cells whose suppressor activity is being tested (first column). These T cells were obtained either from
this same patient or from a normal individual.
t Data are expressed as mean cpm of triplicate cultures with the standard error of the mean.
$ The Con A-activated T cells from the normal individual studied here, when used t o suppress the
proliferation of his or her responder cells in the second culture system, gave 52.2% suppression with
allogeneic response.
of this type (Tables 1-3) in which the cells of patient
number 4 (see Figure 1 ) with active disease were used as
responder cells or suppressor cells, and the cells of a
normal individual were used only as suppressor cells. T
cells from this SLE patient, preincubated with Con A,
poorly suppressed the response to PHA and Con A
(Table 1). In contrast, normal T cells precultured with
Con A suppressed these responses of SLE responder T
cells. Similarly, in the allogeneic response of SLE T cells,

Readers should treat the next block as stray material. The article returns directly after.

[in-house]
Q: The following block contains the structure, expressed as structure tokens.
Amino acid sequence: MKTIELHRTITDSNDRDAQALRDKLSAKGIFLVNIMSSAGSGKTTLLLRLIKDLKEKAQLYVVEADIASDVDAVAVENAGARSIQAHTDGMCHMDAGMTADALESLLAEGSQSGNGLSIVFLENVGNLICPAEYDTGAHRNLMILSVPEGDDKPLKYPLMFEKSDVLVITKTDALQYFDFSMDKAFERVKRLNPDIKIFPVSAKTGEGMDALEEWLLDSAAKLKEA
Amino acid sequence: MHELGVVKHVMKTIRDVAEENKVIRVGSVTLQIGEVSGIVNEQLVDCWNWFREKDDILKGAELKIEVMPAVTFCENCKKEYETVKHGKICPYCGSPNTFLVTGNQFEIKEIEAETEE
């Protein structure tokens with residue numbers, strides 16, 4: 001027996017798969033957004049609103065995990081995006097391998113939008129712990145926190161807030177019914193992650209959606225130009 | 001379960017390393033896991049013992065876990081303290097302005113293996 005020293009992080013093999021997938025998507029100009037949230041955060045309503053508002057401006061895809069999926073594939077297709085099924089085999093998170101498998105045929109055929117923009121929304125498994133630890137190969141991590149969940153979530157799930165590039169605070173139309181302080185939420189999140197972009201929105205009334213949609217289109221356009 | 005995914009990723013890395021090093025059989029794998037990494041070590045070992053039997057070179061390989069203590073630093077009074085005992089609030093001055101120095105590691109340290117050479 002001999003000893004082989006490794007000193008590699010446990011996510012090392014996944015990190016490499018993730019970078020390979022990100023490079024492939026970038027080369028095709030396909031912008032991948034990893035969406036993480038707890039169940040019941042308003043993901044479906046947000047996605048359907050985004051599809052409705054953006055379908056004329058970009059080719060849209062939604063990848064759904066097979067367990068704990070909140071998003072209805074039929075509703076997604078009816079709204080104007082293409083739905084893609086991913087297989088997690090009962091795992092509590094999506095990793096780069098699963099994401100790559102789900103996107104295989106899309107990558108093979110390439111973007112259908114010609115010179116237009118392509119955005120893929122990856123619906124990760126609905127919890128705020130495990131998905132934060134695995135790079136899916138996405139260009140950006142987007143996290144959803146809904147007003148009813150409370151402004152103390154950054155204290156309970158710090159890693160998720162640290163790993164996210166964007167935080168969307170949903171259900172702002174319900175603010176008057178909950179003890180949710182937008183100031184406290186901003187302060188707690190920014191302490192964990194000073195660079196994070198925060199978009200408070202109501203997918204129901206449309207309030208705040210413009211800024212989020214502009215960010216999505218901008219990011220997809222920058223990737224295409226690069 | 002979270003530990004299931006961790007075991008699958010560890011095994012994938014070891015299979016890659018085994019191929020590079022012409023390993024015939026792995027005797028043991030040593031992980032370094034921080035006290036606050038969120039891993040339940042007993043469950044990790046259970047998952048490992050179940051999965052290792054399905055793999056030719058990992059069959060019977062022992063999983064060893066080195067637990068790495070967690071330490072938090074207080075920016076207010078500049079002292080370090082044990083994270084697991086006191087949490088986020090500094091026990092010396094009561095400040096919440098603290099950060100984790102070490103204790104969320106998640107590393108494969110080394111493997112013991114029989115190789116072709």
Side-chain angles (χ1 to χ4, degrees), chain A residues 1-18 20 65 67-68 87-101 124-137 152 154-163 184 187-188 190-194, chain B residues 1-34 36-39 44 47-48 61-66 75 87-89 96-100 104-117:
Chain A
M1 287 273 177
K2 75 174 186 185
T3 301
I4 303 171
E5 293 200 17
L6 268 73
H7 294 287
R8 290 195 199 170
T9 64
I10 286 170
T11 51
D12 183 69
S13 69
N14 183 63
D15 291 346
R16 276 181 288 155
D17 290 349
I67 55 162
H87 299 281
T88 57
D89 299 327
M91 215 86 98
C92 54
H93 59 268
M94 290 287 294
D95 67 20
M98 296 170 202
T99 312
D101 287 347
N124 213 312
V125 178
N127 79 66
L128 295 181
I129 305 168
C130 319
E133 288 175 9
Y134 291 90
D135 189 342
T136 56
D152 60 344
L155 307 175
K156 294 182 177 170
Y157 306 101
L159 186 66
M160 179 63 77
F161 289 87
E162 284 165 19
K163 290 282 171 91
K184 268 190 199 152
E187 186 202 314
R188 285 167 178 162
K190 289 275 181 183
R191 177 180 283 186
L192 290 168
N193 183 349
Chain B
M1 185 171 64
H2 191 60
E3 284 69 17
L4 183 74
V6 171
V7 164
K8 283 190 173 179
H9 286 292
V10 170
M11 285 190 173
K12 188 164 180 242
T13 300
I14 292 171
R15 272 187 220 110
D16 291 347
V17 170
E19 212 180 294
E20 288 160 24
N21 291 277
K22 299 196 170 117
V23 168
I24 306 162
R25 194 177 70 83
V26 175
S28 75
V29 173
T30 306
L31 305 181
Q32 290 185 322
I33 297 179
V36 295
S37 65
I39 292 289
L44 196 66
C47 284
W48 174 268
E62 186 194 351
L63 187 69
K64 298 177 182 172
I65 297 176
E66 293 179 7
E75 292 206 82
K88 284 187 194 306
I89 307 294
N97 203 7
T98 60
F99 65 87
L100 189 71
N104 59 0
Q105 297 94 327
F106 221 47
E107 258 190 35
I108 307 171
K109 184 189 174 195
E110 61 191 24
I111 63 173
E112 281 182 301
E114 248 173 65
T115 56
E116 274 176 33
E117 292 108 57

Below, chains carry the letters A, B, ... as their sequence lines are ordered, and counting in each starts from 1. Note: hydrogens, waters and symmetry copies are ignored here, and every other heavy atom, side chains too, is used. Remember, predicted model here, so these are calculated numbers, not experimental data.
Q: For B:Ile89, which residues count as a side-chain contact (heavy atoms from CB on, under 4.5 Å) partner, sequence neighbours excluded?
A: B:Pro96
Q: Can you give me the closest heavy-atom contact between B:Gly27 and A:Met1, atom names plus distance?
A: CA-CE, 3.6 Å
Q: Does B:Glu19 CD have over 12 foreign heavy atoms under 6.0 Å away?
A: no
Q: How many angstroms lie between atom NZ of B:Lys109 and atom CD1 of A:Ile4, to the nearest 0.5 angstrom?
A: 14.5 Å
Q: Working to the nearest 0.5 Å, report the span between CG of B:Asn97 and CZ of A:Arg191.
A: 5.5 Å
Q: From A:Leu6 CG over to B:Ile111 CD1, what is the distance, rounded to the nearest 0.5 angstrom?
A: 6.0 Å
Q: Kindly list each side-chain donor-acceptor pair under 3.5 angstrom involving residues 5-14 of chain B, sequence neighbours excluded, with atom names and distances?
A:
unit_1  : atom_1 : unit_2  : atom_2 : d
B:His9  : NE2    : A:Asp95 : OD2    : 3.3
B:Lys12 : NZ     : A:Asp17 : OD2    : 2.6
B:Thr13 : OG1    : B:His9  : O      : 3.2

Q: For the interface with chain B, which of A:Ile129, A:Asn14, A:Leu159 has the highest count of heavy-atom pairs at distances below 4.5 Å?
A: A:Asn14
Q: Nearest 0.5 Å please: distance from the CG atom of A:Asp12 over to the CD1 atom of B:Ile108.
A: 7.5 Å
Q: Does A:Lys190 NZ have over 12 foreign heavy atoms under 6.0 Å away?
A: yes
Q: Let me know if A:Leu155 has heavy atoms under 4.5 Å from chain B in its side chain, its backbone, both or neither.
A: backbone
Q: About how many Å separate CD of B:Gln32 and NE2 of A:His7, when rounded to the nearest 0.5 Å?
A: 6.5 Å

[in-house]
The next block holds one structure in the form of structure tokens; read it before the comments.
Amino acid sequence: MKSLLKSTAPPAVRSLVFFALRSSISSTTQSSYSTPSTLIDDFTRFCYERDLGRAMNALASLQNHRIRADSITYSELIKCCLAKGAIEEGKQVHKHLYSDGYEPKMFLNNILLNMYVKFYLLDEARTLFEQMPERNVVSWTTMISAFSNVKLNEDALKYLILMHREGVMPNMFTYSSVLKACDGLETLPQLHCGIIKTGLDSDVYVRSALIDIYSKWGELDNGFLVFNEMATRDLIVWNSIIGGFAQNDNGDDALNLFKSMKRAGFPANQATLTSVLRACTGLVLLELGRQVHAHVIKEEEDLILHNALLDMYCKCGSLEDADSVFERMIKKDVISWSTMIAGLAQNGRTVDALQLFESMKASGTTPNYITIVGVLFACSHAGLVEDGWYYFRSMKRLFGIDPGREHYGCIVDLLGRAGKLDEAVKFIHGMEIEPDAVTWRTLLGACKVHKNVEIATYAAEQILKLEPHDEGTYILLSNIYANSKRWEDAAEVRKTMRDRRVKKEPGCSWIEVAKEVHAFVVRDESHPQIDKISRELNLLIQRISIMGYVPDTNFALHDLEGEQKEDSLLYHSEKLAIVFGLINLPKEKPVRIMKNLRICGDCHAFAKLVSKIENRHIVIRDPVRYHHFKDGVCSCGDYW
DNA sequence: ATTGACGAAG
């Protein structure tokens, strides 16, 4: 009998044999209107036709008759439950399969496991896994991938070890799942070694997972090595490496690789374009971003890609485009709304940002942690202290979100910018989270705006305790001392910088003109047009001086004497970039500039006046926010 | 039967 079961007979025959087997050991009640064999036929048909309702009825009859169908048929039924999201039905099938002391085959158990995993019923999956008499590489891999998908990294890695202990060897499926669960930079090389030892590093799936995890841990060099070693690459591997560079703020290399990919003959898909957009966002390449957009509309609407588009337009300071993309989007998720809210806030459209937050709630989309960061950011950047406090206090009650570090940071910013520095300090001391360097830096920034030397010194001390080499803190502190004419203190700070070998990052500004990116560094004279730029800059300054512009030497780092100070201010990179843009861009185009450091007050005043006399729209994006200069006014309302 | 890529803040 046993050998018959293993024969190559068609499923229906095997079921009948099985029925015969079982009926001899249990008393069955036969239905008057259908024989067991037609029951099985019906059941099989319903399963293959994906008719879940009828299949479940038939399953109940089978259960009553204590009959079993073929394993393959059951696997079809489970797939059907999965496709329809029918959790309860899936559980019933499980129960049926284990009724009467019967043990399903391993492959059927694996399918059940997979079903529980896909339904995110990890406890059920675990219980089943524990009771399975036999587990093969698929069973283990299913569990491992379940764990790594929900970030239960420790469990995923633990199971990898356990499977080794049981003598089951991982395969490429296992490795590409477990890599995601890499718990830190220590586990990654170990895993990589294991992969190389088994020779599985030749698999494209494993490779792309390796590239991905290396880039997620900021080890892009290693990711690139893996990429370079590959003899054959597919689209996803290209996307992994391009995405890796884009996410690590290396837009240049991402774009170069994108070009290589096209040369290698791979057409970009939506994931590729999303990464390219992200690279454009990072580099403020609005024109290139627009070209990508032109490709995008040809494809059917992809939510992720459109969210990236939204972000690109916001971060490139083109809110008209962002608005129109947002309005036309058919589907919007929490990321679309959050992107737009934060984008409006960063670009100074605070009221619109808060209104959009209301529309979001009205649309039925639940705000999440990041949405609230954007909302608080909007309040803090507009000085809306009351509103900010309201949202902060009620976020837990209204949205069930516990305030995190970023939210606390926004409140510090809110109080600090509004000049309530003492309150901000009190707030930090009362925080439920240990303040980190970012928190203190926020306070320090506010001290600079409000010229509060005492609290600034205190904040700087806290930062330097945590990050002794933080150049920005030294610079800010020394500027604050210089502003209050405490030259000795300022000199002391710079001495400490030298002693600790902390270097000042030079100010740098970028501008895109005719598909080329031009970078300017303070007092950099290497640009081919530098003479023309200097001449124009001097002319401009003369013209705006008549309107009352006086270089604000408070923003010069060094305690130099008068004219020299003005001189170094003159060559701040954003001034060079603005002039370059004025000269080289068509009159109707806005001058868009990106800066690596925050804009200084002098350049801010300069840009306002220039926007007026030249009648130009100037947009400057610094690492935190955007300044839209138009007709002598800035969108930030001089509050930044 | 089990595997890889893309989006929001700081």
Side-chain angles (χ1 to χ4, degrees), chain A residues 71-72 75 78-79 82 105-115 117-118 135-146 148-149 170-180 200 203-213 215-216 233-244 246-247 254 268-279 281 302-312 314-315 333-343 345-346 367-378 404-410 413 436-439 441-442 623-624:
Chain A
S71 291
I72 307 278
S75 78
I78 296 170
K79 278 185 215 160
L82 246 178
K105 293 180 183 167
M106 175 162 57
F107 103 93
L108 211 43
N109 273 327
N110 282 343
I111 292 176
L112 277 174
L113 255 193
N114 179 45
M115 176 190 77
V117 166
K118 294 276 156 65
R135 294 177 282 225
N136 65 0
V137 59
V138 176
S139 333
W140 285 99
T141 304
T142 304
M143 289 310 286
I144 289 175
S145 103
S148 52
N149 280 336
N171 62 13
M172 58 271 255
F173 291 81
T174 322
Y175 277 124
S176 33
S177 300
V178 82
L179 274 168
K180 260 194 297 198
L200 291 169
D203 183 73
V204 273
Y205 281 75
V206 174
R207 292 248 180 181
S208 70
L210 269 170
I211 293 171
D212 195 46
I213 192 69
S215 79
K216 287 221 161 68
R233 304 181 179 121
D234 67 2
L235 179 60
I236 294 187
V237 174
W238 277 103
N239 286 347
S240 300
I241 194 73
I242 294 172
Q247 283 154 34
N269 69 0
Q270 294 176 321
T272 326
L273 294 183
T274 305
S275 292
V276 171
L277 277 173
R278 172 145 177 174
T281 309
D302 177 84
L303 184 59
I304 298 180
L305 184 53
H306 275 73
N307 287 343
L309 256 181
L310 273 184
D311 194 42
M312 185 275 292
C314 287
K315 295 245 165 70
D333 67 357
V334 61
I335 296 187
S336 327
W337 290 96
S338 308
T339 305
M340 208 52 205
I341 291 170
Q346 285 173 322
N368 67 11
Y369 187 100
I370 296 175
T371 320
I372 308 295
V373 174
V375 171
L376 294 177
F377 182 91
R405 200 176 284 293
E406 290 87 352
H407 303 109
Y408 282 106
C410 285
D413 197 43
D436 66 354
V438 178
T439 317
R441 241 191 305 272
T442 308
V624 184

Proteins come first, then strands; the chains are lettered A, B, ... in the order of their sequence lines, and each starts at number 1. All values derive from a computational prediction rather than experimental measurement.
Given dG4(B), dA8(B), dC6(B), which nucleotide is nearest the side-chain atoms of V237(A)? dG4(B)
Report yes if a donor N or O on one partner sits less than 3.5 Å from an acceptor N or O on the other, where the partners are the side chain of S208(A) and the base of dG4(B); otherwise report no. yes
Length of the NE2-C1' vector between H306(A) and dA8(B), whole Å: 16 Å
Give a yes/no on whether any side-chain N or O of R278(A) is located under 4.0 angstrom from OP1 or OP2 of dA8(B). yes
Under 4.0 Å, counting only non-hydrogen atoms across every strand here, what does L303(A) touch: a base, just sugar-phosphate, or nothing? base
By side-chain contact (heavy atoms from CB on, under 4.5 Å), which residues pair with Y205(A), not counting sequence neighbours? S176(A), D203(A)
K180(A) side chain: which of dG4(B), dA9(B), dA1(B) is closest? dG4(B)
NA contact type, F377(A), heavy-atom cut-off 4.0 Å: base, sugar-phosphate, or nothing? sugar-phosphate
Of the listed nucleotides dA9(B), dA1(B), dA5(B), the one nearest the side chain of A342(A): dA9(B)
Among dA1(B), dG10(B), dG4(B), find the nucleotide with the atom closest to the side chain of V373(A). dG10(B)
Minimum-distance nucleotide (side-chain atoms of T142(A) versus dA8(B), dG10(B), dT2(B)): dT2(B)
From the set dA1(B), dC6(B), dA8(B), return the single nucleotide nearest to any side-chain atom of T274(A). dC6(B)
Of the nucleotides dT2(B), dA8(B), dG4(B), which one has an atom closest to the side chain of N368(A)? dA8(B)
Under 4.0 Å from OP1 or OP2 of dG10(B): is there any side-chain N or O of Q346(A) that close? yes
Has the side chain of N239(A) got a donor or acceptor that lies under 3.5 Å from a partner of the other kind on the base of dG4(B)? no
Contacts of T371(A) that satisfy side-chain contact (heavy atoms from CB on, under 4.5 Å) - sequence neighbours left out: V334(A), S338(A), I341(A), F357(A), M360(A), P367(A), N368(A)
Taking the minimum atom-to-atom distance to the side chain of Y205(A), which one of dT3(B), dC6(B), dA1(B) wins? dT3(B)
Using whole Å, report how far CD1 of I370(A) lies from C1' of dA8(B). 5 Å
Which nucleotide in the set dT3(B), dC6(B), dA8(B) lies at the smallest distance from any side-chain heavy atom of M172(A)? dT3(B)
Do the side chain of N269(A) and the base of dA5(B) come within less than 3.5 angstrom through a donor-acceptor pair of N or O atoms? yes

normal T cells precultured with Con A induced suppression, but SLE T cells did not (Table 2). Normal, but not
SLE, T cells precultured with Con A also suppressed the
proliferative response of SLE B cells to PWM (Table 3).
Table 4 shows a summary of the results of seven
cell mixing experiments between normal and SLE lymphocytes, similar to the experiment shown in Tables 1-3.
In the combination shown on line 3, Con A-activated T
cells from normal cells suppressed the SLE responder
Table 3. Efects of Normal Con A-Activated T Cells on PMN Response by SLE Responder B
Lymphocytes*
Thymidine Incorporation
No Stimulation
Source ofT Cells
SLE
Nonactivated cells
Con A-activated cells
Normal$
Nonactivated cells
Con A-activated cells
cpm t
Stimulated with PWM
cpmt
% Suppression
439 f 16
689 f 90
13,819 f I,O8I
13,224 f 1,258
6.3
1,051 f 99
541 f 1 5
11,441 f 690
7,293 f 710
35.0
* I X 106 responder cells (second culture) from an SLE patient (No. 4 in Figure 1) were mixed with
T cells whose suppressor activity is being tested (first column). These T cells were obtained either
from this same patient or from a normal individual.
t Data are expressed as mean cpm of triplicate cultures with the standard error of the mean.
$ The Con A-activated T cells from the normal individual studied here, when used to suppress the